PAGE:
Marci’s Medicare Answers
My mother has Original Medicare and has been receiving therapy from a speech-language pathologist on a regular basis. She recently received a notice from her therapist that mentioned a $1,920 therapy cap. What is a therapy cap?
A therapy cap is a limit placed on the amount of physical therapy, occupational therapy, and speech-language pathology that Medicare will cover in a given year. Therapy caps only apply if your mother gets her Medicare benefits through Original Medicare, the traditional Medicare program administered by the federal government. Medicare Advantage plans, also known as Medicare private health plans, may apply therapy caps, but are not required to do so.
In 2014, the therapy cap is $1,920, meaning that your mother can get up to $1,920 worth of combined physical therapy and speech-language pathology services or up to $1,920 worth of occupational therapy from outpatient health care providers. Note that physical therapy and speech-language pathology services are combined to meet the therapy cap. In contrast, occupational therapy is counted by itself when determining the therapy cap.
If your mother reaches the $1,920 therapy cap in 2014, Medicare may make an exception to the therapy cap limit and continue to cover her therapy services. In order for this to occur, her speech-language pathologist or therapist must indicate your mother’s continuing need for therapy in her medical record. He/she must also indicate that the therapy services provided to your mother are medically reasonable and necessary when submitting claims for additional therapy costs above the therapy cap to Medicare.
If your mother reaches the $1,920 therapy cap in 2014 and her therapist feels that additional therapy above the therapy cap is not medically necessary, he/she should give your mother a notice called an “Advance Beneficiary Notice,” before providing her with therapy services. This notice warns people with Original Medicare that Medicare will likely not pay for the service in question. If your mother still wants to receive the continued therapy, she can check the option on the notice that requires the therapist to provide additional therapy and then submit the medical claim for the therapy to Medicare. If Medicare ends up denying coverage for the additional therapy, your mother can still file an appeal.
It may be helpful for your mother to talk to her speech-language pathologist or therapist about the therapy cap. Note that you can go online and visit http://www.medicare.gov/coverage/pt-and-ot-and-speech-language-pathology.html to learn more about therapy caps.
Does Medicare ever cover dental care?
For the most part, Medicare does not cover dental care by law. In general, Medicare does not cover routine dental care or dental care that you need primarily for the health of your teeth. For example, Medicare will generally not cover routine checkups or cleaning.
However, Medicare will pay for dental services in very limited circumstances if the services are required to protect your general health or if you need dental care in order for a Medicare-covered health service to be successful. For example, Medicare will pay for dental services if:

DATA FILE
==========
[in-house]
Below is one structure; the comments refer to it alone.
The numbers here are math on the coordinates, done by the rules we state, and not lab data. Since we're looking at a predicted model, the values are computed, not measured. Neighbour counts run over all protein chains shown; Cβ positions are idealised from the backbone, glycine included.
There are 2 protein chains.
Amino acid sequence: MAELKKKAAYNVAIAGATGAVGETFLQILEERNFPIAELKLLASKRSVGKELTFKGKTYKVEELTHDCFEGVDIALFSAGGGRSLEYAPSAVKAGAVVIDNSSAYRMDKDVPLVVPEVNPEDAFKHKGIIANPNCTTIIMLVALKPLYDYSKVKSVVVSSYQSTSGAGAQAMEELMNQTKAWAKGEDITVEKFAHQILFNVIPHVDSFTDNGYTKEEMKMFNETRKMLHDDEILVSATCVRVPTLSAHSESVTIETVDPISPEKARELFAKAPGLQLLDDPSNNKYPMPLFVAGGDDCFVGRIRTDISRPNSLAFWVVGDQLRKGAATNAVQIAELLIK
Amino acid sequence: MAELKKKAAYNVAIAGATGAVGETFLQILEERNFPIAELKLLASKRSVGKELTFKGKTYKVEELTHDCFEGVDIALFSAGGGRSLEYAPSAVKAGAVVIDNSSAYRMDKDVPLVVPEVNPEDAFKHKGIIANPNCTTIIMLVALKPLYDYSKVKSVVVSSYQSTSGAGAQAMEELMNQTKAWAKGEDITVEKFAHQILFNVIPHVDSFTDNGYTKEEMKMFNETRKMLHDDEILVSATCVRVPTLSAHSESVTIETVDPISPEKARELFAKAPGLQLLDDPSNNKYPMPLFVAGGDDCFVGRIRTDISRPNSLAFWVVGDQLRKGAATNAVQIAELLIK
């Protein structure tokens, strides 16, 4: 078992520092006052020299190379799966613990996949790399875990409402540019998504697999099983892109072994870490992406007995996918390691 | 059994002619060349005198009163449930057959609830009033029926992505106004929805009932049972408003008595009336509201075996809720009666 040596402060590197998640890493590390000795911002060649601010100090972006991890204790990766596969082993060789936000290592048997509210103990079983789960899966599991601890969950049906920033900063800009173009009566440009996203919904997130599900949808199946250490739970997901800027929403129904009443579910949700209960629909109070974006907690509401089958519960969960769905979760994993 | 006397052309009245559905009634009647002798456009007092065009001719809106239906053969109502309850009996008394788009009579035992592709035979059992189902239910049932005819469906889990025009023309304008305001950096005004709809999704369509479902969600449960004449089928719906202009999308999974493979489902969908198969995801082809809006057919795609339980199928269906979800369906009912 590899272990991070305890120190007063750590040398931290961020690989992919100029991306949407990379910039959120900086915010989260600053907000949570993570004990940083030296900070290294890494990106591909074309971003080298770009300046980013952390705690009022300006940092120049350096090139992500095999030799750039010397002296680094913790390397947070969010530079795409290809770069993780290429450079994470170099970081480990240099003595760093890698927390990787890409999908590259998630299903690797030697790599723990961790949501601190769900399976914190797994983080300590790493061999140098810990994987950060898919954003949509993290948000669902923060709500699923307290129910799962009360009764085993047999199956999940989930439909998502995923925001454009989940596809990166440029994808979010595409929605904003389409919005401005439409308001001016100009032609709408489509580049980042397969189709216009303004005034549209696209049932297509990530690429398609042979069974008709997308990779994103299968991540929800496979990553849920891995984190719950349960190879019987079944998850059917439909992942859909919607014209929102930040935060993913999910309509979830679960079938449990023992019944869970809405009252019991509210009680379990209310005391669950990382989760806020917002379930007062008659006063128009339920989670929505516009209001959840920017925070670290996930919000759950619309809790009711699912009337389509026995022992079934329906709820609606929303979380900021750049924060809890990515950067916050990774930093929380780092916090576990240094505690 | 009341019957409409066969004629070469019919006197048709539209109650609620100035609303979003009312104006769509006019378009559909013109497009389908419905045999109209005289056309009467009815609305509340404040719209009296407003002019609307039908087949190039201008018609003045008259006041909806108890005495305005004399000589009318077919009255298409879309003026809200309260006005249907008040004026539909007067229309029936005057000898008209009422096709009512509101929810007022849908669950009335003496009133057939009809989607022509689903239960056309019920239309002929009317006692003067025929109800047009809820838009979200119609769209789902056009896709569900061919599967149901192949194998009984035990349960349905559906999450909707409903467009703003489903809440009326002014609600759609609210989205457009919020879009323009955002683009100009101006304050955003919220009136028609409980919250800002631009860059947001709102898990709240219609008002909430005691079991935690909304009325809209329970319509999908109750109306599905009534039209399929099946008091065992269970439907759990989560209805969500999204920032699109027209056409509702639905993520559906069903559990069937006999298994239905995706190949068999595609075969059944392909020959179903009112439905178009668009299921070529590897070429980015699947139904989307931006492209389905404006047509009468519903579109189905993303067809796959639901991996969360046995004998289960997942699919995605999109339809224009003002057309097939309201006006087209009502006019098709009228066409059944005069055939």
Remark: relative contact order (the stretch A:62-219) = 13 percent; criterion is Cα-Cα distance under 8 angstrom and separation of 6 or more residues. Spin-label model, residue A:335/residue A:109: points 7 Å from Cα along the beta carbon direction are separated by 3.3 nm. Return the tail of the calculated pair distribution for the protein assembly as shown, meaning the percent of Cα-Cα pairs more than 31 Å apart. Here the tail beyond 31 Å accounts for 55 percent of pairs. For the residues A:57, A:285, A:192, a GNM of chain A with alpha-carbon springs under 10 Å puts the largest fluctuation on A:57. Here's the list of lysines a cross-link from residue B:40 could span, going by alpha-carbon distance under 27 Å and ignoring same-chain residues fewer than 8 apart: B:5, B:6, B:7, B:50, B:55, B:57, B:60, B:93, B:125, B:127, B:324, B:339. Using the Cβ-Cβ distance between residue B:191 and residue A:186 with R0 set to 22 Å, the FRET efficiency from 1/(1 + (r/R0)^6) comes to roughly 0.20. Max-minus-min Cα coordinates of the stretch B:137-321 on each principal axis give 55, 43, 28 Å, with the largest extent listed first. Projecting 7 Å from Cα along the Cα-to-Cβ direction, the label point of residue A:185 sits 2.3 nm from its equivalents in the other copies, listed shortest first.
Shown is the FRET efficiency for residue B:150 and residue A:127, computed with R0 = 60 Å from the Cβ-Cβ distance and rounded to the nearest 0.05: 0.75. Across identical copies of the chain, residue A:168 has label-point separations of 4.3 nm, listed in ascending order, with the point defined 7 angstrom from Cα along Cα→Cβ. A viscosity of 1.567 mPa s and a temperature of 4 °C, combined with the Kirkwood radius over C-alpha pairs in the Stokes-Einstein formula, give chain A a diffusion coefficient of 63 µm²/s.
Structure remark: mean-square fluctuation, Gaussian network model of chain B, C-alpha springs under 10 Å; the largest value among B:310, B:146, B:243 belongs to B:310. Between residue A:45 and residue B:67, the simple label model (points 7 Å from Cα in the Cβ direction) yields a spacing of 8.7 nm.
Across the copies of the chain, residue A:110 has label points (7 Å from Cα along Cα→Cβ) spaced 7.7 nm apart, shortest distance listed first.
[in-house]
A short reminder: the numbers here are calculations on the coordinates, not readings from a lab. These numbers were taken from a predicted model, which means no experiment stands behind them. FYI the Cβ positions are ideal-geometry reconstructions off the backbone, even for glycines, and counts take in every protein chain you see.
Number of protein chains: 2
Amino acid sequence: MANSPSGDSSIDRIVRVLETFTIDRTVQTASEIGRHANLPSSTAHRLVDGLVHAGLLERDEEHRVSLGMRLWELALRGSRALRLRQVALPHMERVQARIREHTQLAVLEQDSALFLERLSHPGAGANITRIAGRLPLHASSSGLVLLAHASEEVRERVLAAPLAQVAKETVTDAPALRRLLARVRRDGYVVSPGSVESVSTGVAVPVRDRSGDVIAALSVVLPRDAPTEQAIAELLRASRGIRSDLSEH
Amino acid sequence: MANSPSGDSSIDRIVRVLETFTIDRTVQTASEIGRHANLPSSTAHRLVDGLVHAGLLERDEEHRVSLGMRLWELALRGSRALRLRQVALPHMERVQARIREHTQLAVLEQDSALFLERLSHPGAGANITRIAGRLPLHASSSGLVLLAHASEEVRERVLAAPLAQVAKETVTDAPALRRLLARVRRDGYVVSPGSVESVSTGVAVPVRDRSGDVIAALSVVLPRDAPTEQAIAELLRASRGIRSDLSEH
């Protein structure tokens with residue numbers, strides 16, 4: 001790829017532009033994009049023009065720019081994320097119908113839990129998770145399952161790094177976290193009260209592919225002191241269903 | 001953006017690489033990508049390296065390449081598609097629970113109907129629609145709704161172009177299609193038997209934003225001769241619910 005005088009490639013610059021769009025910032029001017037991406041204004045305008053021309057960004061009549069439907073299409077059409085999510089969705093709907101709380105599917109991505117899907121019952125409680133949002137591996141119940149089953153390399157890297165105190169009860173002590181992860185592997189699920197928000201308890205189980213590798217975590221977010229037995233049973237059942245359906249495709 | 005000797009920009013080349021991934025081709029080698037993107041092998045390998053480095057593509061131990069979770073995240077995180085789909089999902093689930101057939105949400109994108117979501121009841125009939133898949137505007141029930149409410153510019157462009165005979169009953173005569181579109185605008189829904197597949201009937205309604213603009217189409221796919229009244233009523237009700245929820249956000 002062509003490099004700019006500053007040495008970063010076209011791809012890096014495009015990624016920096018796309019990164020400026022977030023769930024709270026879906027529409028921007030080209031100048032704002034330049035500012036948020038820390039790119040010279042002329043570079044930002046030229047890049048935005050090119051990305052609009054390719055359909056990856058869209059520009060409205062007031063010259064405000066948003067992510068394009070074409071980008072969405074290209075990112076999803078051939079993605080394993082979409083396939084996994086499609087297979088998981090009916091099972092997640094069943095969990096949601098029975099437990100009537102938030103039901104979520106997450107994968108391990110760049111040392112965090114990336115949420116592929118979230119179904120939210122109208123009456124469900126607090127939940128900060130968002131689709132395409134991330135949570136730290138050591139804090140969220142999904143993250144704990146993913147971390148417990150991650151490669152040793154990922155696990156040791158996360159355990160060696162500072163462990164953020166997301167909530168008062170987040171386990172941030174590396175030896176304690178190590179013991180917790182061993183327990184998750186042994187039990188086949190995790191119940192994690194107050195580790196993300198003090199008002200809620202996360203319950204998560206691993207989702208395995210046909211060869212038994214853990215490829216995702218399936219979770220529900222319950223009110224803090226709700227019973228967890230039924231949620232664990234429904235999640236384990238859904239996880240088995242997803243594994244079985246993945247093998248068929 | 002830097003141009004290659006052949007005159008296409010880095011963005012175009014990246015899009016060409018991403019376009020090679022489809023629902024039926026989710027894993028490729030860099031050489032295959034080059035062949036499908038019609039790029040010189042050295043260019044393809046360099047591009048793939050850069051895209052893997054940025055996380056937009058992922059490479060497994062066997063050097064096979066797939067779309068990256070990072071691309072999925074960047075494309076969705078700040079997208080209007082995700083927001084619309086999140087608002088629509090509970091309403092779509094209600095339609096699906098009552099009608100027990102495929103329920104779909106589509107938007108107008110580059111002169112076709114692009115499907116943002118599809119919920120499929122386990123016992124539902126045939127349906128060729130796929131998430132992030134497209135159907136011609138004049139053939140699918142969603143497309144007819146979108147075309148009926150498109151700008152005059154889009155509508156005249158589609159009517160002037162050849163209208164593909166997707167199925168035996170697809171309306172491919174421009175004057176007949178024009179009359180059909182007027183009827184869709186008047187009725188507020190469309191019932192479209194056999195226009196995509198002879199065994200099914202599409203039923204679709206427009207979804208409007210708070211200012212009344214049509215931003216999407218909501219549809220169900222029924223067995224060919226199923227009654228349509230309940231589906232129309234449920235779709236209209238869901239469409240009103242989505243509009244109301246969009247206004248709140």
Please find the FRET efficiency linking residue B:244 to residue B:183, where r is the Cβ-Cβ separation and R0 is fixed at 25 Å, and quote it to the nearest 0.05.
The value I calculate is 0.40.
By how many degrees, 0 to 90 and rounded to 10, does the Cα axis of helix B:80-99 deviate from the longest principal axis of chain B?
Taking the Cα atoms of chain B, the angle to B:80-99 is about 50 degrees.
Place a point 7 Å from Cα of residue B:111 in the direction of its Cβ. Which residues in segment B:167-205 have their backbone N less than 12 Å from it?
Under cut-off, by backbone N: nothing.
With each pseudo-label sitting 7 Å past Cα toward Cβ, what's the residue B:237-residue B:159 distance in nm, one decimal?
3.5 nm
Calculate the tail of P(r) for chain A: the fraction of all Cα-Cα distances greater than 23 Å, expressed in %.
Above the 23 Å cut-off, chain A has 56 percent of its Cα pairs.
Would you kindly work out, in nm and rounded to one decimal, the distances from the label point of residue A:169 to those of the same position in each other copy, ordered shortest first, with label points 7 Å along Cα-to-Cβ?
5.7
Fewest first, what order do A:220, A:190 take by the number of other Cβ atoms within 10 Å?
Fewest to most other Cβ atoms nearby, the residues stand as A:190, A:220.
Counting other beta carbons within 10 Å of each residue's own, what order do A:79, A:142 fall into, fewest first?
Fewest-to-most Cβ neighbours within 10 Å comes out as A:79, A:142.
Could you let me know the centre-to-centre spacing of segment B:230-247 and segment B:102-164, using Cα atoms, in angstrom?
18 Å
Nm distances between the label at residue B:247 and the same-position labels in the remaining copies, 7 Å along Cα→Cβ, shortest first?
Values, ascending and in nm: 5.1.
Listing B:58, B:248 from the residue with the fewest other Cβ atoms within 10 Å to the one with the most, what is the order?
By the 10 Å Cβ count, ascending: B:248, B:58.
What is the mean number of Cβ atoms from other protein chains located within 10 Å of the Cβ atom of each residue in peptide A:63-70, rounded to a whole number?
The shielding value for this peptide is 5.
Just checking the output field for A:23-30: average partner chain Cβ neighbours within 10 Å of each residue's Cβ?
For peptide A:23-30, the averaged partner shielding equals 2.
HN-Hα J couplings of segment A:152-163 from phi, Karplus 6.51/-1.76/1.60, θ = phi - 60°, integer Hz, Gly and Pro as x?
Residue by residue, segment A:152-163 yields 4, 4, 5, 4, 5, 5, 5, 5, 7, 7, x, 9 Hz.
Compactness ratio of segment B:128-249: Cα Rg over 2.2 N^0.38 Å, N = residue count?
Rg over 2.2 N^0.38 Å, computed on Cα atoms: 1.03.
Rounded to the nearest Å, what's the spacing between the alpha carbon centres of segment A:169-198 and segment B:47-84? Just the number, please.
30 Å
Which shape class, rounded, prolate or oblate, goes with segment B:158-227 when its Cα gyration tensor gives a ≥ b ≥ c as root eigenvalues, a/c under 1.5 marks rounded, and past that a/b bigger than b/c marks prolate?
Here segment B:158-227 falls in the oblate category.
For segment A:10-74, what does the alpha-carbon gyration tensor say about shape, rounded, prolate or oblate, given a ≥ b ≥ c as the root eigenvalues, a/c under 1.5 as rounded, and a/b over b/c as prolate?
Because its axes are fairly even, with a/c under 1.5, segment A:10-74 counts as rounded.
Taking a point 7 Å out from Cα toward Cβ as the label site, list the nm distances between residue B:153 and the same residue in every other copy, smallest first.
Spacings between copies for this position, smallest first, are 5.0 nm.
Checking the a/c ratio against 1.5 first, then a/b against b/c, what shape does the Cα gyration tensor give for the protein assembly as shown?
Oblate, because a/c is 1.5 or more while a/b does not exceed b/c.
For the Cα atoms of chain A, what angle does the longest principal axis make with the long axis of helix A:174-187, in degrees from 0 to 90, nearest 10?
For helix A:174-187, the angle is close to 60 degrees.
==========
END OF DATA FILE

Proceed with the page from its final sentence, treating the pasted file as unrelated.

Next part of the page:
- You have a disease like oral cancer that involves the jaw and you need dental services for radiation treatment;
- You need dental splints and wiring as a result of jaw surgery; or
- You need surgery to treat jaw or face fractures.
Note that while Medicare may pay for initial dental services for the reasons mentioned above, Medicare will not pay for any follow-up dental care after the underlying health condition has been treated. For example, if Medicare paid for a tooth extraction as part of a procedure to repair a facial injury you had, Medicare will not pay for any other dental care you need in the future due to the loss of your tooth.
Keep in mind that some Medicare Advantage plans may cover limited dental care, depending on the plan’s specific benefits. If you get your Medicare benefits through a Medicare Advantage plan, contact your plan to see what dental services may be covered.
I cannot afford to pay the $104.90 Medicare Part B premium each month. I was told by a social worker that while I do not qualify for Medicaid, I should apply for a Medicare Savings Program. What is a Medicare Savings Program?
A Medicare Savings Program (MSP) is an assistance program that can help pay your Medicare costs if you have limited finances. MSPs can help pay your Medicare Part B premium, which is the amount you pay each month to have Medicare medical insurance. It may also pay other Medicare costs, depending on your income.
To qualify for an MSP, you must have Medicare Part A, the part of Medicare that covers most inpatient and hospital care, and meet your state’s income and asset eligibility guidelines. MSP eligibility limits vary by state, so you should contact your State Health Insurance Assistance Program (SHIP) or local Medicaid office to find out whether you qualify for an MSP.
Marci’s Medicare Answers is a service of the Medicare Rights Center (www.medicarerights.org), the nation’s largest independent source of information and assistance for people with Medicare. To subscribe to “Dear Marci,” MRC’s free educational e-newsletter, click here.
Maintained by Medicare Rights Center
Last Modified: 09/19/2013 14:08:42
This site and its contents are © 1997 – 2014 by Medicare Rights Center